SOUTH BEND—The Notre Dame Fighting Irish skated to center ice, surrounding the giant shamrock under the scoreboard at Compton Family Ice Arena. Just like all teams in the world of college hockey, the ND players gave an ole with their sticks, tapping them in the center and then back to the outside in salute to their fans. But something seemed different about Notre Dame on this game’s concluding ritual.
Perhaps it was frustration.
Forwards Thomas DiPauli and Mario Lucia slumped their shoulders. Defenseman Robbie Russo rolled his head backwards in disgust, loathing every second of this tradition. And freshman goalie Cal Petersen looked as helpless as a baby bird awaiting food from its mother.
The Fighting Irish looked tired, weak, and defeated after 60 minutes of play. And they can blame Thatcher Demko for that.
Similarly to his rookie season, Demko has excelled for the Boston College men’s hockey team, allowing a mere 2.15 goals against average this year in 30 starts. He can thank his defense for many of those great performances—the Eagles’ strength comes on the blue line and opposing attacks usually get off only around 20 shots on Demko, often giving him an easier workload than other goalies.
But on Friday night, Demko put together his best game of the season with a commanding shutout of ND (14-16-5, 9-7-5). More importantly, his impressive performance clinched a first-round bye (and at least one home game) in the Hockey East Tournament for BC (20-10-5, 12-6-3).
Demko compiled 35 saves against the Irish’s vicious attack, each one more impressive than the last. Throughout the game, Demko snagged pucks out of the air, sprawling to deflect several attempts. The ND forwards even had a couple of breakaway opportunities, beating out defenders or getting them 1-on-1, but Demko remained composed, knocking each shot away with ease. He even held his ground when a Michael Sit penalty at 17:33 in the third period allowed ND to pull goalie Cal Petersen and unleash a 6-on-4 attack on Demko.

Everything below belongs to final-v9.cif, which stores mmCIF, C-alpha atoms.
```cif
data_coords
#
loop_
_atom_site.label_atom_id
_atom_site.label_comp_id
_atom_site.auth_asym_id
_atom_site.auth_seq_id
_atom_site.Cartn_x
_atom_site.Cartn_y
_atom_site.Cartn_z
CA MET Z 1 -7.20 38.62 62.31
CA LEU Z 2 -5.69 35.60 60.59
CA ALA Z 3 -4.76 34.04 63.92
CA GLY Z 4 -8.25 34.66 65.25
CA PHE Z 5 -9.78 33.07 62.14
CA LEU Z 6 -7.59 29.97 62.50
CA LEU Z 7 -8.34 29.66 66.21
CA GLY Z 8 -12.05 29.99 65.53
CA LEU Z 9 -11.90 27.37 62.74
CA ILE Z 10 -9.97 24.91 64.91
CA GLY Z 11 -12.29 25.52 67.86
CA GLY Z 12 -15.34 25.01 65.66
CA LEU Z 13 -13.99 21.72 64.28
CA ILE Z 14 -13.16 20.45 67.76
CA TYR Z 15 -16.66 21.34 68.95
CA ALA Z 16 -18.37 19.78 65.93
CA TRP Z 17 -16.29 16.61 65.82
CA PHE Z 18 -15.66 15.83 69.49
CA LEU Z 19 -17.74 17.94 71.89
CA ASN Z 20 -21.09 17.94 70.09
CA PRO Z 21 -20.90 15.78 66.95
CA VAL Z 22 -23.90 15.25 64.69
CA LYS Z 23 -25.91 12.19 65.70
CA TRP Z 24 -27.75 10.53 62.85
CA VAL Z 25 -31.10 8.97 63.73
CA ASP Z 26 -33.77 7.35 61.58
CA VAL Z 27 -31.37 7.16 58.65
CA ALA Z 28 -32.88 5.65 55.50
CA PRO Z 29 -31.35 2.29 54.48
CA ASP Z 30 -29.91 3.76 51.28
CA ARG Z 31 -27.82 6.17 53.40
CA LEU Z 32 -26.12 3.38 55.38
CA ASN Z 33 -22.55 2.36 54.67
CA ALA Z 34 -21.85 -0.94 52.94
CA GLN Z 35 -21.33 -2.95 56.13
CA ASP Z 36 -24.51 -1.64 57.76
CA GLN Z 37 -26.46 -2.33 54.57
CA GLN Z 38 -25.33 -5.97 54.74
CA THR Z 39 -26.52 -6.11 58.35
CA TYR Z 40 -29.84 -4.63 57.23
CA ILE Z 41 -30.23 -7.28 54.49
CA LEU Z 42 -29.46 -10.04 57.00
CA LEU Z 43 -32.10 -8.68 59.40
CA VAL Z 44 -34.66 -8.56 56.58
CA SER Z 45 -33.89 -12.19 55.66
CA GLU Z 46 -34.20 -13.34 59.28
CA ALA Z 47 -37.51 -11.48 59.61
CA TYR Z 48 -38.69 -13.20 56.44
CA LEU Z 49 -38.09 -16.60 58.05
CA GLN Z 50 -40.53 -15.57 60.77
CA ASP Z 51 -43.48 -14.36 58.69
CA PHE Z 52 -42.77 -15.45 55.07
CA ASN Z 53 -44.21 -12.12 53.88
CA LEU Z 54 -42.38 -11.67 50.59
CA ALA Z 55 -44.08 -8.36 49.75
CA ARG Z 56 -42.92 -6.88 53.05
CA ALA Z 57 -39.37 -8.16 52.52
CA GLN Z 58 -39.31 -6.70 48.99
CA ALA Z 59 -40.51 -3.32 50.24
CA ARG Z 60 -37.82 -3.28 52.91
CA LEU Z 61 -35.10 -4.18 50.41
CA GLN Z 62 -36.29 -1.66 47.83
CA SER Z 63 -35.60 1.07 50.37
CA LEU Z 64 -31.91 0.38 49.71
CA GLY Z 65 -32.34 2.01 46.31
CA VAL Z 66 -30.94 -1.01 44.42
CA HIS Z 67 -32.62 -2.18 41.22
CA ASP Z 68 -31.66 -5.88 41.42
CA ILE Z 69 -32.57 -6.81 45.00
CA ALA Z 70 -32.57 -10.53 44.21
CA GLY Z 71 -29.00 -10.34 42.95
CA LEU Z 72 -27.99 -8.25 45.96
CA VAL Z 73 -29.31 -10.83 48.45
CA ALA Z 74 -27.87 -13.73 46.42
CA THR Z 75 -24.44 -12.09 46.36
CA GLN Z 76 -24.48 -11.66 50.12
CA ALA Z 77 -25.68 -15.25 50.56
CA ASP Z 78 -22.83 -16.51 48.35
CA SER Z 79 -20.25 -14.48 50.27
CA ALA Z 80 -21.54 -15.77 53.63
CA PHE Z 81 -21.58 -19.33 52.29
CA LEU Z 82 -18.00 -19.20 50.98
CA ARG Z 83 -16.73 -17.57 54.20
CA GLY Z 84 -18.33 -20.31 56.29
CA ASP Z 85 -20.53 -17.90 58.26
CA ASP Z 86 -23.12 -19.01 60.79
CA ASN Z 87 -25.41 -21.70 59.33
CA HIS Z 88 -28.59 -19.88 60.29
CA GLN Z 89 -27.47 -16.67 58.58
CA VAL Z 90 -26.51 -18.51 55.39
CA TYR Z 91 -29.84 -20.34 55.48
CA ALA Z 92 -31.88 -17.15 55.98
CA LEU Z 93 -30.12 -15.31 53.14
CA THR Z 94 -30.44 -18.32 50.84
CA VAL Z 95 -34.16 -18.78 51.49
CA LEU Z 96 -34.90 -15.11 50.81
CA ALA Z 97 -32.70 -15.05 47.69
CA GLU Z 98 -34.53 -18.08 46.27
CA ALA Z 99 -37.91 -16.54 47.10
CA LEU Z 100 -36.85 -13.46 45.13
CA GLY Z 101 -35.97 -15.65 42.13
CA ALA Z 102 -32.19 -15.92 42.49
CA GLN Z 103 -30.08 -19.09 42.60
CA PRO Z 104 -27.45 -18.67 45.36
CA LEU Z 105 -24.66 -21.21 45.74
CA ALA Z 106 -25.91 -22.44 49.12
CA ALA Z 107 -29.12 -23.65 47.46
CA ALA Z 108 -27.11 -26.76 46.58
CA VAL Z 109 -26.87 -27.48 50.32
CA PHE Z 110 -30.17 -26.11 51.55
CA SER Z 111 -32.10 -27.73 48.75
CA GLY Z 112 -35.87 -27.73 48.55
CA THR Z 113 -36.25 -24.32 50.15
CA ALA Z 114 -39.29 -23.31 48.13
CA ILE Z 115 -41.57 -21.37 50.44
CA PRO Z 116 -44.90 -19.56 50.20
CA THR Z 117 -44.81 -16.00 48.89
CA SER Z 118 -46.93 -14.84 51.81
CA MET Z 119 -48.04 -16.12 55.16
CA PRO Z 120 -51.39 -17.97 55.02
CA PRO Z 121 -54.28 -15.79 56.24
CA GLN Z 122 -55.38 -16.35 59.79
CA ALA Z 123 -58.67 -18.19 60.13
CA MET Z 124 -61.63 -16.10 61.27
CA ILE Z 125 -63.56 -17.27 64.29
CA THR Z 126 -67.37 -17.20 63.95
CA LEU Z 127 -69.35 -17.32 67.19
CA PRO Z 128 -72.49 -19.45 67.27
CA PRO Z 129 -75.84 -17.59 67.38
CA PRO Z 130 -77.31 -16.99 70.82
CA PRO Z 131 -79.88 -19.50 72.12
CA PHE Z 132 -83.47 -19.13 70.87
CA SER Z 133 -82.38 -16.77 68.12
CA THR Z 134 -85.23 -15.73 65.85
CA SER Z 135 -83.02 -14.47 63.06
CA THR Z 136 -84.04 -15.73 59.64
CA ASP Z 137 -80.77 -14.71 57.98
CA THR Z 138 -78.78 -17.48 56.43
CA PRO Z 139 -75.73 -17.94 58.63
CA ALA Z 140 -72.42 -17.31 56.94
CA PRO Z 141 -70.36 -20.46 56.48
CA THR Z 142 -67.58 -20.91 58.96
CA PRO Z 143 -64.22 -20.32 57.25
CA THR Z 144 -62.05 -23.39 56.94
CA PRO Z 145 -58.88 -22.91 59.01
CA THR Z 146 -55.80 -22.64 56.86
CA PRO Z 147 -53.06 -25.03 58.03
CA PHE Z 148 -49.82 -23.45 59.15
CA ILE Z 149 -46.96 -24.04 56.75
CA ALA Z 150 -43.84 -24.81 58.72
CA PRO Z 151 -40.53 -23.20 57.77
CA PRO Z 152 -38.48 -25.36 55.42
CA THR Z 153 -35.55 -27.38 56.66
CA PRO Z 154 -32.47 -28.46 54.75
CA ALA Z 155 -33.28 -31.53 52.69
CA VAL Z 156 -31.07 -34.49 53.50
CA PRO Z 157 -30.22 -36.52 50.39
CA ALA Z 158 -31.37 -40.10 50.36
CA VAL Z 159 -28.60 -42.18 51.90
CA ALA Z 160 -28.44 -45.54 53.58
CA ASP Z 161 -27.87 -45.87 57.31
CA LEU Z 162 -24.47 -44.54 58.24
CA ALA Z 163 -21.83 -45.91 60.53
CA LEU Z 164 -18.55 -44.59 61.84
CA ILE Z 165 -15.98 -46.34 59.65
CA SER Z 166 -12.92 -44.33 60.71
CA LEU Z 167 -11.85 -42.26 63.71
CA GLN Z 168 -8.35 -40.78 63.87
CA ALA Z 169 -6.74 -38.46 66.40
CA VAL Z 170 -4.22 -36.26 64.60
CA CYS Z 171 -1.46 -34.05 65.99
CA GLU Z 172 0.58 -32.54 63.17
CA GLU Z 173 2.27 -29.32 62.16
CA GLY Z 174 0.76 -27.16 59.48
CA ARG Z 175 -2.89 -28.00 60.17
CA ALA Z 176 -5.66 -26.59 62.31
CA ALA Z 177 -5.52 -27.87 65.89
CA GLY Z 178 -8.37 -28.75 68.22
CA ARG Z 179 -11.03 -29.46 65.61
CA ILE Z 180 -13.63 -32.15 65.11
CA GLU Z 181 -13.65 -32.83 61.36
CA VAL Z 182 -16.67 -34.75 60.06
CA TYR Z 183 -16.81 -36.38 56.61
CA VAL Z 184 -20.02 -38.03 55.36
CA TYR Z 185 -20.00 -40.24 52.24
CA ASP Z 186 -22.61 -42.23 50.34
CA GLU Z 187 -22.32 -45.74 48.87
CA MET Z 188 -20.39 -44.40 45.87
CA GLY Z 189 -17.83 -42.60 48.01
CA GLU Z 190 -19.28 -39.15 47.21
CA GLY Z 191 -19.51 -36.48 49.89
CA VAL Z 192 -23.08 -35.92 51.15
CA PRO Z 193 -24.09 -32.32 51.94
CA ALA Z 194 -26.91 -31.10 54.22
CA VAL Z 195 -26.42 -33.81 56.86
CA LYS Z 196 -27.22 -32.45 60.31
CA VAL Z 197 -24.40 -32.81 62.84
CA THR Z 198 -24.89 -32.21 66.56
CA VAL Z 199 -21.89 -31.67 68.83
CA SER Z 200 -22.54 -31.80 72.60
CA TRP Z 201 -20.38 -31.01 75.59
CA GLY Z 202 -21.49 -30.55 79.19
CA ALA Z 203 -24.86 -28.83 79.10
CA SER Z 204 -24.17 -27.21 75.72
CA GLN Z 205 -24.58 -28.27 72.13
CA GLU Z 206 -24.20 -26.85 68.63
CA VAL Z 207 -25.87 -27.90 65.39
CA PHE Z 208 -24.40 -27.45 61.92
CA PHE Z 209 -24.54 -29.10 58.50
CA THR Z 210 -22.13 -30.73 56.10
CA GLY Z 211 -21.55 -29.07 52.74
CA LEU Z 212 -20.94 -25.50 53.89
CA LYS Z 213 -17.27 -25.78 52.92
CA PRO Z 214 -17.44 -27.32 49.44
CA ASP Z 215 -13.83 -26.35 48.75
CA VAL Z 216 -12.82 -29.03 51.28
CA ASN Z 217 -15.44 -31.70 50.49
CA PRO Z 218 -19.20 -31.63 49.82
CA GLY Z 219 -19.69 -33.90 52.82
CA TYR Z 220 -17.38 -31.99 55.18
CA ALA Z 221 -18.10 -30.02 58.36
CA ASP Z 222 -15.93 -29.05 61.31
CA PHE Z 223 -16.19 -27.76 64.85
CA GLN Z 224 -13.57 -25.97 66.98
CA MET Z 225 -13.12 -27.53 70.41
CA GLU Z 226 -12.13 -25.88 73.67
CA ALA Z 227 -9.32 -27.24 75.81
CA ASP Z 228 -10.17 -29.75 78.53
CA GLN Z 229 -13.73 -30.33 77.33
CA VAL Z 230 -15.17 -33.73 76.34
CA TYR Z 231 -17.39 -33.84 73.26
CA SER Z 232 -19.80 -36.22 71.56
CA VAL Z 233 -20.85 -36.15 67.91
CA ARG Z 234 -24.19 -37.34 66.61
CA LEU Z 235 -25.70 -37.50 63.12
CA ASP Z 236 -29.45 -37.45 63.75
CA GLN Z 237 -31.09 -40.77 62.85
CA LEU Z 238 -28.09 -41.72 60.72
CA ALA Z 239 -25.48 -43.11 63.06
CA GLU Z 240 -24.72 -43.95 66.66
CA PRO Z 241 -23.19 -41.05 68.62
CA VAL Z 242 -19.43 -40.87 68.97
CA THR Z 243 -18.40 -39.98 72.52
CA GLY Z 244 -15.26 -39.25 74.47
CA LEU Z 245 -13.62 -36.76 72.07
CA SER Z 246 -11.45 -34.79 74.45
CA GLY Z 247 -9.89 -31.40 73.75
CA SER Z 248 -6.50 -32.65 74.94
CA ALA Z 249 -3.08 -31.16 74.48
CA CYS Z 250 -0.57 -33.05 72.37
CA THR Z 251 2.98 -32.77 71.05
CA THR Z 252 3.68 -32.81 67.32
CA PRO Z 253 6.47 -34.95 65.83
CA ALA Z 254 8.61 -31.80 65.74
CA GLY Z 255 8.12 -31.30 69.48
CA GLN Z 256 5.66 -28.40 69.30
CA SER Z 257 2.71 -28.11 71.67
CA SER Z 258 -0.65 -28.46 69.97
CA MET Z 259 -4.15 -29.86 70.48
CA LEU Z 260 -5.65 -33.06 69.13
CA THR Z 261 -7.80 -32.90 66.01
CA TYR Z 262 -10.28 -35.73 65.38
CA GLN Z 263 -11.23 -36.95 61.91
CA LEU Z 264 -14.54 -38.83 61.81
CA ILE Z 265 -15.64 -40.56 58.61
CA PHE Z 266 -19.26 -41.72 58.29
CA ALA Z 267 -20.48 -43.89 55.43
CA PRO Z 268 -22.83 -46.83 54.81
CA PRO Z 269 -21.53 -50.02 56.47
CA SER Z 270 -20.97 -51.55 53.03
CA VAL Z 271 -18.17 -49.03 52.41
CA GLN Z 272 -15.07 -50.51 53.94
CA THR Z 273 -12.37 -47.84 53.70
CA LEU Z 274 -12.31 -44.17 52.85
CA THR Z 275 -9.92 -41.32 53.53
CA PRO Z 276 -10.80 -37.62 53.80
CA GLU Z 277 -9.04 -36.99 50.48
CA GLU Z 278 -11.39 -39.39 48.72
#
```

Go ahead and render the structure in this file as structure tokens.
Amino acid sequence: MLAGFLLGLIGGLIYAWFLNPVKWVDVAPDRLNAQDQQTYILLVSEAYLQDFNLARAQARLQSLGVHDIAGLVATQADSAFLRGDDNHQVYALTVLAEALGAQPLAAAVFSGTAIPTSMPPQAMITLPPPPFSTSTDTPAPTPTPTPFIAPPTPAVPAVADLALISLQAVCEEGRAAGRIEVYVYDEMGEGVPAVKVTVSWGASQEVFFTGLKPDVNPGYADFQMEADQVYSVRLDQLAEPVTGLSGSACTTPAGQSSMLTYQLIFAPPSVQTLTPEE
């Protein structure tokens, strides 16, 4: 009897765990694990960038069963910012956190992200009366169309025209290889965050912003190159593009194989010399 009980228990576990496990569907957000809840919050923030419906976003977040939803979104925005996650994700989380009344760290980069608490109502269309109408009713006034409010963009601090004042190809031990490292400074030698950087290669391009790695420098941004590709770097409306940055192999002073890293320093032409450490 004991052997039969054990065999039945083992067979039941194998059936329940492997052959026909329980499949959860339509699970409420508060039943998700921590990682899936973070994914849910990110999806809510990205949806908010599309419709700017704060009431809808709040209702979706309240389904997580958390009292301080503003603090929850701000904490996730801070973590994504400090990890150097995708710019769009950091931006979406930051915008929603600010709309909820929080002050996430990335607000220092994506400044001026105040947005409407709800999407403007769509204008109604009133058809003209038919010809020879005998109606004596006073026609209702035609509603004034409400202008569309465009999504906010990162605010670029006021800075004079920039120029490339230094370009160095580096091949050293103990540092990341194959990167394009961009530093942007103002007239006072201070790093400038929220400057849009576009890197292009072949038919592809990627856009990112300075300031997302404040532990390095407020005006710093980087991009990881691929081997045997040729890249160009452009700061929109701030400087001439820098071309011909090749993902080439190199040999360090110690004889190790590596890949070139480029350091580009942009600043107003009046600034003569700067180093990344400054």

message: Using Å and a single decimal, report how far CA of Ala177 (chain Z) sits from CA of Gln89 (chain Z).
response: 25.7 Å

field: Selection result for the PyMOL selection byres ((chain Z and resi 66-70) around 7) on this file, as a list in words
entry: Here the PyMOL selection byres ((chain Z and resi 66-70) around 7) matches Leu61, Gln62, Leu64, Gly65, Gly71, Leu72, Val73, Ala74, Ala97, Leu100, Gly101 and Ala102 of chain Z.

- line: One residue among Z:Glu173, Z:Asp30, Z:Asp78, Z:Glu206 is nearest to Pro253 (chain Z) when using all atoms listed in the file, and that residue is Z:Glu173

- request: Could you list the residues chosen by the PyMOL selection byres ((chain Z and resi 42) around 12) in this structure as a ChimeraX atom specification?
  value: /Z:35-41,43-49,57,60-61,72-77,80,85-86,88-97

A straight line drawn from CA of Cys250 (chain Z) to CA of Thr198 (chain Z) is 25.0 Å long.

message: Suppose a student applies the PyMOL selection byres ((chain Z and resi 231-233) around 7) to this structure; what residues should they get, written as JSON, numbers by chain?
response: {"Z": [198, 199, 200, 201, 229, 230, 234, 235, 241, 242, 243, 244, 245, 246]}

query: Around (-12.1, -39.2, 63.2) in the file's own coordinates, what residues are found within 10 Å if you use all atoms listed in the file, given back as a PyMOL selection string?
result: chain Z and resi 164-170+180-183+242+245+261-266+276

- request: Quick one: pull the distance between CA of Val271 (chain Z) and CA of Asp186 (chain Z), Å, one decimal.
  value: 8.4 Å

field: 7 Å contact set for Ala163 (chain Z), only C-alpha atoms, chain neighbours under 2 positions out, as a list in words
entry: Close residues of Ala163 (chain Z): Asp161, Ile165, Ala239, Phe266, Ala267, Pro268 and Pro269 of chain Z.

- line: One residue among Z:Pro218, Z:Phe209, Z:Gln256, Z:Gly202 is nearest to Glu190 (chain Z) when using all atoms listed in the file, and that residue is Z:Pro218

“He stayed square to the puck, he stayed in control,” BC head coach Jerry York said. “He made some very difficult saves look relatively easy by his positioning.”
He could’ve faced even more shots, too, if not for the stellar Eagles’ defense—despite three penalties, BC’s penalty kill performed formidably again. No defenseman played more efficiently than freshman Noah Hanifin. On one play, ND’s Sam Herr slid past the defense eyeing to cut BC’s lead in half. Demko made the initial stop but couldn’t handle the puck as it bounced in front of him because Herr and DiPauli screened him. But Hanifin poked the puck away at the last second to Steve Santini, who blasted it out of ND’s offensive zone.
BC’s forwards also joined the defensive party—Alex Tuch and Zach Sanford each regularly came up with big stops to prevent shots by ND defensemen from getting to Irish forwards in front of the net.
“I think my D did a great job boxing guys out, and seeing pucks really well from the point and from the outside,” Demko said.
Even the Irish bailed out Demko. Jeff Jackson’s team is known for its conservative style, but at times, his forwards used that strategy to a fault. At one point, ND’s Anders Bjork received the puck with a clear shot at Demko and fans across Compton screamed at him to take the shot. Bjork sold out, dumping it off instead to Russo, whose shot misfired.
For his efforts, Petersen played an excellent game for the Irish—he faced 33 shots on BC’s attack. Still, Tuch and Ian McCoshen continued their hot streaks by rocketing two-first period shots past him to give BC a 2-0 lead that it didn’t relinquish.
With the win, the Eagles have been given new life. The team’s inexplicably poor start in November knocked BC out of the national spotlight, while much of the attention turned to Jack Eichel and Boston University’s high octane attack. Since then, York’s defensive-heavy squad has steadily improved, slowly compiling wins and climbing the polls. Now, BC has a chance to clinch a share of the Hockey East regular season title with BU—the Eagles must win tonight and they need Northeastern to beat or tie the Terriers at Agganis Arena.
The Eagles skated towards the far end of the ice at Compton, each one leaping over the bench to hug their goaltender. Something seemed different about BC on this game’s concluding ritual.
Perhaps it was hope.
Featured Image by Arthur Bailin / Heights Editor